WITH MORE than half a billion iPhones in circulation and in excess of 1.5bn apps downloaded from the Apple App Store, there is no denying the interest in this touchscreen interface-based technology. iPads may still be comparatively new, but their popularity has grown drastically over the past two years and enhanced user experience is a key driver of this.
As banks come under pressure to grow revenues and provide better customer service, they are increasingly turning to technology to streamline business processes. iPads, and other similar tablets, have the potential to transform banks’ customer service, business development, research and analytics, and can help them become more collaborative and dynamic in their working practices.
Many banks are running pilots, but aren’t necessarily embracing the full power of this new model just yet. However, momentum is growing: research from Good Technology found that 37% of all iPads in enterprise are used by financial services companies.
Take JPMorgan. It recently distributed iPads free of charge to all associates in its global investment banking division. Bankers have been given access to email, contacts, calendar and attachments via Microsoft Outlook, as well as the ability to annotate confidential documents and make client presentations. They will also be allowed to download applications for personal use.
Tablets are moving users away from the external keyboard to a touch screen interface which, combined with broadband bandwidth, facilitates fast and easy access to various internet sites. But it’s the desire to make analytical information more easily available, at the right time, to help decision-making and provide greater support that is driving tablet use in a commercial environment.
These devices can offer users greater access to information with better graphics and analytics to support decision-making that can be built into a business process workflow. Tablets make data easier to review and digest, and make it easier to drill down into any particular area more quickly. At the same time, that information can be instantly corroborated with external data points.
Retail banks use the iPad in this way, enabling the relationship manager or financial adviser to offer a much better experience with their customers. While some of these services are accessible via the iPhone, they’re more meaningful on the iPad; it feels like you can even touch your money.
In investment banking, some firms are already exploring the notion that iPads could be the new Bloomberg, adding value in areas from foreign exchange trading and risk management to pricing analysis. The iPad, while different from Bloomberg, has a full set of features and rich functionalities that are viewable anywhere at any time, and we have worked with a global investment bank to introduce institutionalised corporate FX trading on the iPad.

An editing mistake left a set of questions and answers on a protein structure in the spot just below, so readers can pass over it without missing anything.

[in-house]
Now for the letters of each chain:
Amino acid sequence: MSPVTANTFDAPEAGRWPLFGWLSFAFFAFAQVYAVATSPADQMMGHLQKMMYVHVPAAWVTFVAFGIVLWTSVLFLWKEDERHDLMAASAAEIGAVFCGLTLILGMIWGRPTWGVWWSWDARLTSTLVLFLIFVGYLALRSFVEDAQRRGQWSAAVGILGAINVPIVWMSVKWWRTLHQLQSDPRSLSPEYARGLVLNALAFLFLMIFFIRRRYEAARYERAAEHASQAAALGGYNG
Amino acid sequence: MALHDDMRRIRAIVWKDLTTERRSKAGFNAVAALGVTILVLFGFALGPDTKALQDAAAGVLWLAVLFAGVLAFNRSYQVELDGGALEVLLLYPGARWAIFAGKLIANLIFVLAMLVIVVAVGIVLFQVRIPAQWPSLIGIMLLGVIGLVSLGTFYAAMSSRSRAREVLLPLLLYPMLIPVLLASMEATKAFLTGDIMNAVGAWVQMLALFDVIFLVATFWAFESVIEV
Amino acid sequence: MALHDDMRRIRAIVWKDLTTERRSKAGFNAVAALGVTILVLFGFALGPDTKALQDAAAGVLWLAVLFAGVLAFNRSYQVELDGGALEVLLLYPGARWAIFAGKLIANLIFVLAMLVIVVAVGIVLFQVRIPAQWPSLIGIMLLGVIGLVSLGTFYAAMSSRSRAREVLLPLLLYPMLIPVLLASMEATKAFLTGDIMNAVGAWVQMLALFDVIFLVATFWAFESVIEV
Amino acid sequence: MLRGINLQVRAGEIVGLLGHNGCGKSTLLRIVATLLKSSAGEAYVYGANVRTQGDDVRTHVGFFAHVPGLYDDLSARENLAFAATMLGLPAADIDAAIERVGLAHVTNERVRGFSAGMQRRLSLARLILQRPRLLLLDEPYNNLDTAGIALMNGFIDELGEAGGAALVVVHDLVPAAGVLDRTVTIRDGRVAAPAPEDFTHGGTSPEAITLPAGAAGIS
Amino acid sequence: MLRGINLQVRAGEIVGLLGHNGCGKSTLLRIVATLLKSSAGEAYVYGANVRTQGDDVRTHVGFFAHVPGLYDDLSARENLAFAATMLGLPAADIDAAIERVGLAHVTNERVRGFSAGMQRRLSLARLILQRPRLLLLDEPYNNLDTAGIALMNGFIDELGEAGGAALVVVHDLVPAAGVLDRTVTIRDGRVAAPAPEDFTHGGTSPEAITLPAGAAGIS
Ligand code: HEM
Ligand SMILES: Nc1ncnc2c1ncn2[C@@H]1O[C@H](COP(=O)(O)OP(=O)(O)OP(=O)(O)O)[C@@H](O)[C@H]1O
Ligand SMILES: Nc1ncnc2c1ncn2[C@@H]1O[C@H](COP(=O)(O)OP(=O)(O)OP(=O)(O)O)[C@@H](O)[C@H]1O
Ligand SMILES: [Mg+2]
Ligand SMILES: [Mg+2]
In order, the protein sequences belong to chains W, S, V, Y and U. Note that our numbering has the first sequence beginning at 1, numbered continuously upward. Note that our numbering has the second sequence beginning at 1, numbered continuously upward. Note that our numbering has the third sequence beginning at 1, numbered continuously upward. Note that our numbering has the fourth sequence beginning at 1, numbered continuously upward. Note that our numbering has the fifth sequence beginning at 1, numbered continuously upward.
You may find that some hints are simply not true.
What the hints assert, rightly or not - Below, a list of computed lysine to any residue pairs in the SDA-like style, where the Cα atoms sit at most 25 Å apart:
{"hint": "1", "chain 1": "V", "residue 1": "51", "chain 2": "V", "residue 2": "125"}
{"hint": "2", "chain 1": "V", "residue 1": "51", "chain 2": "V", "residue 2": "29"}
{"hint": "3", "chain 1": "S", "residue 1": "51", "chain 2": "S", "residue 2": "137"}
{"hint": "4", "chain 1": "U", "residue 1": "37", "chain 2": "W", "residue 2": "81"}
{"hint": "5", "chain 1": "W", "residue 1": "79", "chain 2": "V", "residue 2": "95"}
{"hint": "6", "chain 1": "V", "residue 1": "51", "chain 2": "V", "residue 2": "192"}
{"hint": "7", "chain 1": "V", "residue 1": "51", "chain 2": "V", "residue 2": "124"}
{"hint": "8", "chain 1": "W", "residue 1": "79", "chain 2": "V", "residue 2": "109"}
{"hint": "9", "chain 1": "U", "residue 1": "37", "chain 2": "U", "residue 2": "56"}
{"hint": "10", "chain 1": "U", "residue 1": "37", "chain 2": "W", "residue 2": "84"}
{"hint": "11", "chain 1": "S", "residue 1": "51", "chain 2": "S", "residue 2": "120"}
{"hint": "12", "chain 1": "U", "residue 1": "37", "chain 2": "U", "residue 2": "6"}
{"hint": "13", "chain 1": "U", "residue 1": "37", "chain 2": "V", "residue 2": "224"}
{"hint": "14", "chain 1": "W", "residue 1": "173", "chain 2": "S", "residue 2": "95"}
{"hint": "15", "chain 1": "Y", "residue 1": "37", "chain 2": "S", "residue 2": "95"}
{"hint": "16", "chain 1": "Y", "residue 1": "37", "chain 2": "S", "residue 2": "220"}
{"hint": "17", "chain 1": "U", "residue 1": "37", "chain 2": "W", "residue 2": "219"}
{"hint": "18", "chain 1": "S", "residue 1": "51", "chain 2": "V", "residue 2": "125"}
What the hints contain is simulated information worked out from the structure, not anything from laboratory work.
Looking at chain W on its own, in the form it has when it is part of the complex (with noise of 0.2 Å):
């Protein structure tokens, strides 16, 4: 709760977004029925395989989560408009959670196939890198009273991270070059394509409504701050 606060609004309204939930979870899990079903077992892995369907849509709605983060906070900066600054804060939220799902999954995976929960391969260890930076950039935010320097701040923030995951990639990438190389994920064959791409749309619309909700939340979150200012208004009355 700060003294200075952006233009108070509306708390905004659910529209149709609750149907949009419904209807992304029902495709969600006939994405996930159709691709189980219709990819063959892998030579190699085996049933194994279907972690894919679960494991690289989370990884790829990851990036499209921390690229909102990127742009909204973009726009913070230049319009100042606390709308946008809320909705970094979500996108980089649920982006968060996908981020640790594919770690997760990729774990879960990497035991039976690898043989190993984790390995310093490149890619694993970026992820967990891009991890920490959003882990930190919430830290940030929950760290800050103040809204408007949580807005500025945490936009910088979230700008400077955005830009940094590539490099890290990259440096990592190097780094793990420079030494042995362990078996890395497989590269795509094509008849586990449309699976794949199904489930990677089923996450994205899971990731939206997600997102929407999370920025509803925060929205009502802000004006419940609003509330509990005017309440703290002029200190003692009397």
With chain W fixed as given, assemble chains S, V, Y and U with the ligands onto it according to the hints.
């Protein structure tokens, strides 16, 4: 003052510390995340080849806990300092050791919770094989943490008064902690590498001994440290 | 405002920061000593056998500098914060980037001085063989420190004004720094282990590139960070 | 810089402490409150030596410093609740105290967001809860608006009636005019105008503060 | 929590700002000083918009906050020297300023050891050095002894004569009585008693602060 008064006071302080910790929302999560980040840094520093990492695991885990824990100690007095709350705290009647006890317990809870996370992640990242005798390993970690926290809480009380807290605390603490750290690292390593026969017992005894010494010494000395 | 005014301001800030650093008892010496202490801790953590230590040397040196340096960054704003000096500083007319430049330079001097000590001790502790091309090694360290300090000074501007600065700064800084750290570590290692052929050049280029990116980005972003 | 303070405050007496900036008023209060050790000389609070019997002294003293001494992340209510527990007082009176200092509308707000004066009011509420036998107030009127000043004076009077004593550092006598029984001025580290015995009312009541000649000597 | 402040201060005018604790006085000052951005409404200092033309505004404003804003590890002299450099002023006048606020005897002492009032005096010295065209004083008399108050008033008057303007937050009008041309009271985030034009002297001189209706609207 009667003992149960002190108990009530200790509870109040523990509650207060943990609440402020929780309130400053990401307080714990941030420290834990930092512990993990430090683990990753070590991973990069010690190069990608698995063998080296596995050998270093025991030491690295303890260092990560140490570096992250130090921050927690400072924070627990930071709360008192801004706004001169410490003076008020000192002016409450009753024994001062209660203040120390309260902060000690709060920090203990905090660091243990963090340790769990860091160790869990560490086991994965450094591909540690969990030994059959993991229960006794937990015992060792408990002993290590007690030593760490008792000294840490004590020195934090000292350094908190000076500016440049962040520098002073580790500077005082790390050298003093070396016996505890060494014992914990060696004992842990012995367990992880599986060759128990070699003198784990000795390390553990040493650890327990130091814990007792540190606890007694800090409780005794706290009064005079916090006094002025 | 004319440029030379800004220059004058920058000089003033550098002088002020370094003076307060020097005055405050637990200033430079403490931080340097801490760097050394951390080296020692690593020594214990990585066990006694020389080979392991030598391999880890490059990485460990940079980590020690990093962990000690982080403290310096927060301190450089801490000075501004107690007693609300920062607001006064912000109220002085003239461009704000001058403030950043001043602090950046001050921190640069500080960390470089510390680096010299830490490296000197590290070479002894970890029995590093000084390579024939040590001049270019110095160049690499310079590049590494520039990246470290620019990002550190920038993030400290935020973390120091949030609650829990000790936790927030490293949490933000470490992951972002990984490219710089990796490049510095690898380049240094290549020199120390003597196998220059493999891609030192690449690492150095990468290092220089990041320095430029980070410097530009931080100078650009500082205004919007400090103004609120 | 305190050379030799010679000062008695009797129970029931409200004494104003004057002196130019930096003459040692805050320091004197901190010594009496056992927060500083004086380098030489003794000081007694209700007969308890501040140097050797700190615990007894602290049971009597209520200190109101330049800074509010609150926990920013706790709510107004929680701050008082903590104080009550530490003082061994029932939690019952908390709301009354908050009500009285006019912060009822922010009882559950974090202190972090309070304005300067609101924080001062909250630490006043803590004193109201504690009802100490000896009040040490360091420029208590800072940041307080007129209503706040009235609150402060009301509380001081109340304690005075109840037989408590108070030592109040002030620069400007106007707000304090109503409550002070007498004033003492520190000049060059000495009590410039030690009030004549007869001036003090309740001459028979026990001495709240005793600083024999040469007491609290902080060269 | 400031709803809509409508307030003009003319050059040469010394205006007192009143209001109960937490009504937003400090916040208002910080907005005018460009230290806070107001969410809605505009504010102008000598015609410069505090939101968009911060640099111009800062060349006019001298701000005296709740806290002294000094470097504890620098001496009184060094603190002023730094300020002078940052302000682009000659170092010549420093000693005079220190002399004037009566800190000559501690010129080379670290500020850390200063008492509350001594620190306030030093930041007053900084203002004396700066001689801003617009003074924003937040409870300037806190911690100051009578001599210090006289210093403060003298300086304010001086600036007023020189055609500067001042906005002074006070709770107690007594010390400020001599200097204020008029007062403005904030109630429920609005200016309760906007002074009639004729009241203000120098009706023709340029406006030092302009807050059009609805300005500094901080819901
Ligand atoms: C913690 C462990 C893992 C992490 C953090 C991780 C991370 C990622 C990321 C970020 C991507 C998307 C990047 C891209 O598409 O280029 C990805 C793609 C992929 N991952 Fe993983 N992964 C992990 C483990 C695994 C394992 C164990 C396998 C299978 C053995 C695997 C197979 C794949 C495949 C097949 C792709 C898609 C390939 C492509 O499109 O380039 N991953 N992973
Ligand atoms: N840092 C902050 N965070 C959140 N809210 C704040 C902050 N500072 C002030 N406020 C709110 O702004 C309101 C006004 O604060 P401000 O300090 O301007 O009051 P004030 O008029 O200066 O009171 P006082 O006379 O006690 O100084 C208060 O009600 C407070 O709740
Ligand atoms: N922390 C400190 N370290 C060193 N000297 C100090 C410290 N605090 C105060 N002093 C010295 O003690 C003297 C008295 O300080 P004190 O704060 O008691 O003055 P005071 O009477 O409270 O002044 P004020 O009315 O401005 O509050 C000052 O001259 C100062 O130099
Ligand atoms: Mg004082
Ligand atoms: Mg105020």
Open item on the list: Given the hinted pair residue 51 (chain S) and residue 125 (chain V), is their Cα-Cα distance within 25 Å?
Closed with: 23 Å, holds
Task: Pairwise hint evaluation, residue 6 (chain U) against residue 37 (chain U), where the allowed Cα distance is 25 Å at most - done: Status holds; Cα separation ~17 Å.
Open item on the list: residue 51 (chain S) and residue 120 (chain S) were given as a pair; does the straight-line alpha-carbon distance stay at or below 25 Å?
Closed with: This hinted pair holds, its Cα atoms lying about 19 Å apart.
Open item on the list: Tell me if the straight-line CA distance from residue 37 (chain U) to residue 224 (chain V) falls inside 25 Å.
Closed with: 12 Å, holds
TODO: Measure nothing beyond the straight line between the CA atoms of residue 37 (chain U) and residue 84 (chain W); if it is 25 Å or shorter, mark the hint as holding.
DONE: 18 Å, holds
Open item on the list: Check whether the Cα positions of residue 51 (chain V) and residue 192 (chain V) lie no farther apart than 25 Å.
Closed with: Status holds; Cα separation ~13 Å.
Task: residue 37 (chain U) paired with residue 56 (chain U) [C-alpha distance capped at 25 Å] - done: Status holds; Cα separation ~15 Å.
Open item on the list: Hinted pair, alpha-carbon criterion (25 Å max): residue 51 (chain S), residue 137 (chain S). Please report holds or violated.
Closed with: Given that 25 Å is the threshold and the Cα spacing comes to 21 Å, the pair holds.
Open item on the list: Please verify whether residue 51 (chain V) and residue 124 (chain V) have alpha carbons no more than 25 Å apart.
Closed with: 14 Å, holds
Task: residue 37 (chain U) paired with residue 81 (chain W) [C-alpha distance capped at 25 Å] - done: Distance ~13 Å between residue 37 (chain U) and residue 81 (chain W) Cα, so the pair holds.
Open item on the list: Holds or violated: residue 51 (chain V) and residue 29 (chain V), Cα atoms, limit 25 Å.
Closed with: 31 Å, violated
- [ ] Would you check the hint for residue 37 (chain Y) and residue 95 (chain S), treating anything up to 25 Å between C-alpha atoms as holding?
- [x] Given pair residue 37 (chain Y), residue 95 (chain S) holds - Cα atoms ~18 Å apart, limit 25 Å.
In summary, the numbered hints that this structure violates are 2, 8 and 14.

Many banks are already embracing the concept of the app store to provide enterprise-wide access to corporate solutions. Fuelled by the success of Apple, several are developing and downloading their own in-house applications, securely encrypted according to the banks’ own regulations and requirements.
Morgan Stanley unveiled an application for the iPhone and the iPad, allowing its clients to access the bank’s research on mobile phones. Credit Suisse followed with its own equity and fixed-income research application, and BNY Mellon has developed its Workbench Mobile a custody application to provide reports and instruction authorisation to institutional clients via the iPad. Software applications can be approved, posted and potentially even monetised on a corporate-wide directory.
The introduction of tablets into a corporate banking environment poses a challenge as it creates another device to control and monitor. It’s true that Microsoft devices are easier to integrate, because banks don’t have to go through the additional Safari browser integration necessary for Apple devices. However, this needn’t be a major issue, given that many banks have already embraced the iPhone. Security of the iPad applications themselves, based on our experiences so far, does not throw up any major challenges. Nor is the cost of introducing tablets to the workplace especially prohibitive.
The main challenge lies in the effort required to support the introduction of these devices into the banking environment. Being able to control the infrastructure, guarantee security, and ensure working environment readiness are among the first steps towards introduction.
The perceived benefits from the increased sales and productivity resulting from improved relationship management, or from the creation of an enhanced user experience, have to be strong enough to absorb these challenges.
Banks shouldn’t introduce iPads for the sake of technology alone. They should do so only if it suits their business processes, operating model and vision of how they want to evolve their business. However, widespread consumer use of iPhones will undoubtedly have a profound impact on the way they expect banks to provide information.
As more and more retail banks embrace mobile banking as a service to customers, tablets offer an enhanced, more personal experience with graphical interfaces and more easily accessible information. As the price of tablets fall, tier one banks have the opportunity to further expand their mobile banking offerings, moving online and mobile banking from mobile devices to tablets.
The banks who have embraced this new model should ensure that they manage the softer side: helping employees and business processes adapt to the change. The question to ask is, ‘What do customers really want?’ Ultimately, they want to make fast decisions in an informed way, in a manner and at a time that suits them.
Tony Virdi is vice president of Cognizant’s banking and financial services practice
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